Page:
Additionally, scanning electron microscope (JEOL 6610-LV, Akishima, Tokyo, Japan), equipped with EDS, was also employed for the morphological and compositional characterization of both the H-AAO templates and homogenous Co-Ni nanowires in order to determine the optimal synthesis conditions for the deposition of multisegmented Co-Ni nanowires.
The RT magnetic behavior of the multisegmented Co-Ni nanowire arrays was studied by means of vibrating sample magnetometer (VSM, Versalab-Quantum Design, San Diego, CA, USA) under a maximum applied magnetic field of ±30 kOe along both parallel and perpendicular directions with respect to the nanowire longitudinal axes.
Results and discussion
It is worth to point out that the composition profiles obtained from the linear EDS scans of Figure 4b performed in the multisegmented Co-Ni nanowires by STEM mode do not fit to pulse function as the applied deposition potentials do, probably ascribed to relaxation effects that occur during the deposition processes.
The local examination of the microstructure and composition of the different nanowire segments revealed that their crystalline structure changes as the Co/Ni ratio is modified. Particularly, it was found that nanowire segments containing at least 60% of cobalt display SAED patterns which correspond to hcp single crystals grown along the <10-10 > direction. On the other hand, nanowire segments containing below 60% of cobalt exhibit SAED patterns corresponding to a Co-Ni alloy single crystal with a fcc structure, where the <111 > direction lies along the nanowire axis. Representative examples are shown in Figure 5. In particular, the segment highlighted with number (1) on the left of Figure 5 has a composition of Co83Ni17, which was determined by EDS operating the microscope in TEM mode. The spots of the corresponding SAED pattern can be indexed to the  zone axis of a Co-Ni single crystal with hcp structure. In addition, it is observed that the <10-10 > direction lies along the nanowire axis. On the other hand, the segment highlighted with number (2) having Co52Ni48 composition exhibits a SAED pattern that can be indexed to the [−321] zone axis of a Co-Ni alloy with fcc structure, where the <111 > direction lies along the nanowire axis. Interestingly, in several of these SAED patterns, the diffraction spots appear slightly elongated, or well, two or three spots appear very close. This fact evidences a texture that could be originated by fluctuations in the distribution of the Co/Ni ratio into the same segment and/or the effect of transversal stresses produced by the confined growth into the pores of the alumina template. The appearance of the hcp structure for Co-Ni alloys with high Co content is in agreement with its equilibrium phase diagram . However, it is worth noting that in some of the studied nanowire segments, the concentration fluctuations and structural differences have also appeared, probably as a consequence of the non-equilibrium nature of the electrodeposition processes.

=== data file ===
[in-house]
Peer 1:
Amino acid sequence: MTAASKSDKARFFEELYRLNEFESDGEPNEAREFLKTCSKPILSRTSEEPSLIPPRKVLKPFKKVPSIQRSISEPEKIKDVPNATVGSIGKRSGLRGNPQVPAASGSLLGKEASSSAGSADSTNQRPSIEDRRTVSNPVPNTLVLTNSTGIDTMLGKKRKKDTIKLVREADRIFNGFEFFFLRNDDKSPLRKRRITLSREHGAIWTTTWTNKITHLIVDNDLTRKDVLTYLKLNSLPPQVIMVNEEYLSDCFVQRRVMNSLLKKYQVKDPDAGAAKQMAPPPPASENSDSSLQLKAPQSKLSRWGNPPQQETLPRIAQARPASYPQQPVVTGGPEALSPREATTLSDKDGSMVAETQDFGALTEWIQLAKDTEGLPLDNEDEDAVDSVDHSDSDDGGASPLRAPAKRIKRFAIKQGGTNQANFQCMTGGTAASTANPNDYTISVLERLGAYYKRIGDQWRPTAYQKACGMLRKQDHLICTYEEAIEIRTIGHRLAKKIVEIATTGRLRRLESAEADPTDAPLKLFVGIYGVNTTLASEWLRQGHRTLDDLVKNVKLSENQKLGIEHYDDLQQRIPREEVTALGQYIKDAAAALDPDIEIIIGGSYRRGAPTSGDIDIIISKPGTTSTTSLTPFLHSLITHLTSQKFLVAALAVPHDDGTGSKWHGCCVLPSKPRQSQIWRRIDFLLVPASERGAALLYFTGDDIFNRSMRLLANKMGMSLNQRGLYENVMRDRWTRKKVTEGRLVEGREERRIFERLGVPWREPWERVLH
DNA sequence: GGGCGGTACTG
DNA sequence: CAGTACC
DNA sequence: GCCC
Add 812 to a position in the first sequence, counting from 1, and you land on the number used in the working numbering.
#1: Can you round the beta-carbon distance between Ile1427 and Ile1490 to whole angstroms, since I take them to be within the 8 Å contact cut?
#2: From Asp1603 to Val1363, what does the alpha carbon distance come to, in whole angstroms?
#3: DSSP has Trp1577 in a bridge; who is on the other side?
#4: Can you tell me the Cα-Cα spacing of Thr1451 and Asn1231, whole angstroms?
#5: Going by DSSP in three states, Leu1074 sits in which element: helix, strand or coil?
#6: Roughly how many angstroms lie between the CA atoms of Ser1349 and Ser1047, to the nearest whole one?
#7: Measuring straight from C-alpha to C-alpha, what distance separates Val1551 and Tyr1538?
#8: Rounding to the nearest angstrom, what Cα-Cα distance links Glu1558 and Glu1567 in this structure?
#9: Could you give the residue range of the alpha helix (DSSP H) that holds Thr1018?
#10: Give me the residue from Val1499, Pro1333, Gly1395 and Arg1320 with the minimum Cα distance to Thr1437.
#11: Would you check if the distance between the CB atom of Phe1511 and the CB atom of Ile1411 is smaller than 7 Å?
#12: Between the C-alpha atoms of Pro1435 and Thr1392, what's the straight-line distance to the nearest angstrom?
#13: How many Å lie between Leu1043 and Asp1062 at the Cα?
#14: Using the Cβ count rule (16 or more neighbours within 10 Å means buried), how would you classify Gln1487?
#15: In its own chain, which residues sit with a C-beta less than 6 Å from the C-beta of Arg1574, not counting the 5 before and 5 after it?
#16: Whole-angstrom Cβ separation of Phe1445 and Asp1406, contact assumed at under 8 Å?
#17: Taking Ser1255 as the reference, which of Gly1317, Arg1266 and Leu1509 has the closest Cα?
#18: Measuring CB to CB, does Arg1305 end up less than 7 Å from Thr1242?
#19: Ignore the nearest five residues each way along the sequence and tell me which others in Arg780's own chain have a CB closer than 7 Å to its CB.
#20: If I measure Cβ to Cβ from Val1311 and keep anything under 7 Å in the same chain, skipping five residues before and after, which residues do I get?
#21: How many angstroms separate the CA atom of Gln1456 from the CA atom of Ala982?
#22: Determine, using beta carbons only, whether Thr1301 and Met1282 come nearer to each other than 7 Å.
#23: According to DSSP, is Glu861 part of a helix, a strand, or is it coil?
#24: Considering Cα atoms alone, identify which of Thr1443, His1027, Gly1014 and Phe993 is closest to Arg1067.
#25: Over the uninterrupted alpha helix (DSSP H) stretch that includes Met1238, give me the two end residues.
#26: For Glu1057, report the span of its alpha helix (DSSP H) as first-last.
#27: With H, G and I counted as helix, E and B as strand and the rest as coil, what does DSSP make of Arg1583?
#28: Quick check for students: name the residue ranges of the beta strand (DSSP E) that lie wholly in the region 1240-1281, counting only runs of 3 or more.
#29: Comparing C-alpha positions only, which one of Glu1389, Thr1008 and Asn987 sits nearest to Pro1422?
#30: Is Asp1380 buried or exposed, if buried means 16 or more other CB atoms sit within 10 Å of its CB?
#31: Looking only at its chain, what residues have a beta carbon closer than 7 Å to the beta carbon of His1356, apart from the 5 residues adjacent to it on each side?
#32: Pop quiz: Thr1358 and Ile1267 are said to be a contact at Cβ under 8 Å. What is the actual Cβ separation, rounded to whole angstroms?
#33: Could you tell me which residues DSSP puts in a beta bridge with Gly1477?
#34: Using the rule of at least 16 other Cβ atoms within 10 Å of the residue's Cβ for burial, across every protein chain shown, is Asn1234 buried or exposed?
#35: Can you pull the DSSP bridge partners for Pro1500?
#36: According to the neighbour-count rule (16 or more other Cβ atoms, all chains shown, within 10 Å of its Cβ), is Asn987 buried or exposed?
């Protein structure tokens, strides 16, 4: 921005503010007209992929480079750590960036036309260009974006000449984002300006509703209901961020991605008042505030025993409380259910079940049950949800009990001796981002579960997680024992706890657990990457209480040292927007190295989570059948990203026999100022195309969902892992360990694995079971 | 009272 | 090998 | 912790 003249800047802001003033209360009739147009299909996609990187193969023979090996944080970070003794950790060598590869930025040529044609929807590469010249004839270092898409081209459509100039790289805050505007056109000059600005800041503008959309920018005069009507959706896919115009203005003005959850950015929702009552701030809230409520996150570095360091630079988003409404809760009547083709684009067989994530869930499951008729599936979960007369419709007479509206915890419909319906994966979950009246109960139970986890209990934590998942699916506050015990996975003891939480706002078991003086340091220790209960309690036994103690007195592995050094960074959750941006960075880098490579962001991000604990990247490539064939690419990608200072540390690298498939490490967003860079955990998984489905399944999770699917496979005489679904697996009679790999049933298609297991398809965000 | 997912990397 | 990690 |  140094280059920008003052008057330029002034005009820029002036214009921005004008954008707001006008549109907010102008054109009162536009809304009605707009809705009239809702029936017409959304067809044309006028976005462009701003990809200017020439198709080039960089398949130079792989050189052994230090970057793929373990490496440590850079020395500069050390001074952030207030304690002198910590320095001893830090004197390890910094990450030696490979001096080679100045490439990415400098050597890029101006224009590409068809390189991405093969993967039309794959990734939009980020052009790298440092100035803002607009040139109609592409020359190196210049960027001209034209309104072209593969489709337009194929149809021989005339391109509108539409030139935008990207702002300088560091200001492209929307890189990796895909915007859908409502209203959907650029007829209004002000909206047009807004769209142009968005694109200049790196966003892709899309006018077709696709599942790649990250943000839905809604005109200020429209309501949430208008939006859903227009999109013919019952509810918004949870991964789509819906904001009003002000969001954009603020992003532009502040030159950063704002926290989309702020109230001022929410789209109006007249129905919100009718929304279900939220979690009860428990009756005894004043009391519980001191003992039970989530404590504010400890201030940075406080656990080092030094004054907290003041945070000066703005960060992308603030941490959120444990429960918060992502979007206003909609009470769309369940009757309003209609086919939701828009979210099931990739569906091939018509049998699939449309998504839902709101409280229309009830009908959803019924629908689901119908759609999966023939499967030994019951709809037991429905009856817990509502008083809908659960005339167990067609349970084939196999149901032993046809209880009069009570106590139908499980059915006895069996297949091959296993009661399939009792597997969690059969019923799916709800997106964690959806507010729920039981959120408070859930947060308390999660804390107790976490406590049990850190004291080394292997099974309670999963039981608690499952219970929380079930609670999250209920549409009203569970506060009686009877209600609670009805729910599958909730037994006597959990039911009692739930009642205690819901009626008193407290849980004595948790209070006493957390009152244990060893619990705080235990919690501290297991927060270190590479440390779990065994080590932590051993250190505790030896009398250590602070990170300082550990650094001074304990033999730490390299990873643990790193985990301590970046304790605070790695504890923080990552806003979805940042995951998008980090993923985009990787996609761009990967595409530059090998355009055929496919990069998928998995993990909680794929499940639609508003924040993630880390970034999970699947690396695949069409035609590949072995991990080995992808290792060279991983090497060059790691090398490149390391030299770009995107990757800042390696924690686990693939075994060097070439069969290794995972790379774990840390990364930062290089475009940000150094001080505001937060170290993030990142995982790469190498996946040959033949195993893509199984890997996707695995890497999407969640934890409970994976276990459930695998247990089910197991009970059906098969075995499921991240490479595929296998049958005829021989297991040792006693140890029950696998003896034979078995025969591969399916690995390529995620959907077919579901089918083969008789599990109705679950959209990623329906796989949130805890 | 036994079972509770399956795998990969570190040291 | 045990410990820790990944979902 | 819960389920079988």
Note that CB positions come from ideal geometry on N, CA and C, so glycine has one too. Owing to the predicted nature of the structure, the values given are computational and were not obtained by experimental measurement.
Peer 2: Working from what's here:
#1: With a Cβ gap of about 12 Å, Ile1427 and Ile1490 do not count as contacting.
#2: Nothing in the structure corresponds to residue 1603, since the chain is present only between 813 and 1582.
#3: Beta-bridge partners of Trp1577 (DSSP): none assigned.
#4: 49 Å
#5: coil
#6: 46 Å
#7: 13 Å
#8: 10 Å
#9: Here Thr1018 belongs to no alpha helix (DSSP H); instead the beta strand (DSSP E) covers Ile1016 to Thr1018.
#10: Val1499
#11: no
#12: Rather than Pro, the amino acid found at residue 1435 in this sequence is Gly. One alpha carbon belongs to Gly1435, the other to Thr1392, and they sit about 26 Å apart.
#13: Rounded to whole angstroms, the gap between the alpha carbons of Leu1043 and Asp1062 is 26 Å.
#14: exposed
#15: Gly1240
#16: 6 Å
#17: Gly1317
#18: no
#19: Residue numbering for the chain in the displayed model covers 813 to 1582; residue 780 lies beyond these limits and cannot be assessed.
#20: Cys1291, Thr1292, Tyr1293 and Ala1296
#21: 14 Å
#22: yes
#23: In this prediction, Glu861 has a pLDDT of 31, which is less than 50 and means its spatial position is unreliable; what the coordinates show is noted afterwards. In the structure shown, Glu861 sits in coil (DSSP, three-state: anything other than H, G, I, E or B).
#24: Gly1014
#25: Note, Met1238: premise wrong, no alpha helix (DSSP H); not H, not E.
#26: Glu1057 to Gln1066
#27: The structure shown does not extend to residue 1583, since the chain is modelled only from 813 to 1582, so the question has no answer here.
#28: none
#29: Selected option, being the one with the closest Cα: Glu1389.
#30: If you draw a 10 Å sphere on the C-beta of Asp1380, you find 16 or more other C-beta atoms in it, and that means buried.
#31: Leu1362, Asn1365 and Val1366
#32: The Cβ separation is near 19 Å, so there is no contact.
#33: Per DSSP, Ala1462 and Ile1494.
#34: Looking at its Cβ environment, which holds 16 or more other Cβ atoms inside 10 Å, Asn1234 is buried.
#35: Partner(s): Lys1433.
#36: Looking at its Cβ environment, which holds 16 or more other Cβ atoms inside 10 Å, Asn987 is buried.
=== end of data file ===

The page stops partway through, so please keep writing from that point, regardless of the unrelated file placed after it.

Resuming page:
ALD SiO2-coated multisegmented Co85Ni15/Co54Ni46 nanowire arrays, with around 180 nm in diameter and made of tens of alternating segments with respective compositions of Co54Ni46 and Co85Ni15 having several hundreds of nanometers in length (around 290 nm for the segments of Co54Ni46 alloy and around 430 nm for the Co85Ni15 segments), have been synthesized by template-assisted electrochemical deposition into the pores of H-AAO templates by alternately varying between two different deposition potentials. Both Co content and nanowire growth rate vary quasi-linearly with the deposition potential. Based on this relation, the desired Co-Ni composition in each individual segment can be simply controlled by properly choosing the deposition potential. SAED allows distinguishing between the structures of both nanowire segments, being hcp for the Co85Ni15 segment, while fcc for the Co54Ni46 one, due to the influence of higher presence of fcc Ni in the alloy rather than changes induced during the electrodeposition dynamics. This technique allows not only for tuning the composition of the nanowires but also their crystalline structure in each different nanowire segments, which also affects the magnetic behavior making this system magnetically isotropic.
The financial support from EU-Nanomagma under FP7-214107-2, LEXI-Spintronic funded by the State of Hamburg and Spanish MICINN under research projects MAT2009-13108-C02-01 and MAT2010-20798-C05-04 is acknowledged. The partial support from the Mexican Council of Science and Technology (CONACYT) and Universidad Autónoma de Nuevo León under research projects CB-179486 and PAICYT-CE793-11 is also acknowledged. Victor Vega is grateful to the German Academic Exchange Service (DAAD) and University of Oviedo for the grants supporting his internships. Javier García thanks FICyT for his Severo Ochoa fellowship. Scientific support from the University of Oviedo SCT is also recognized.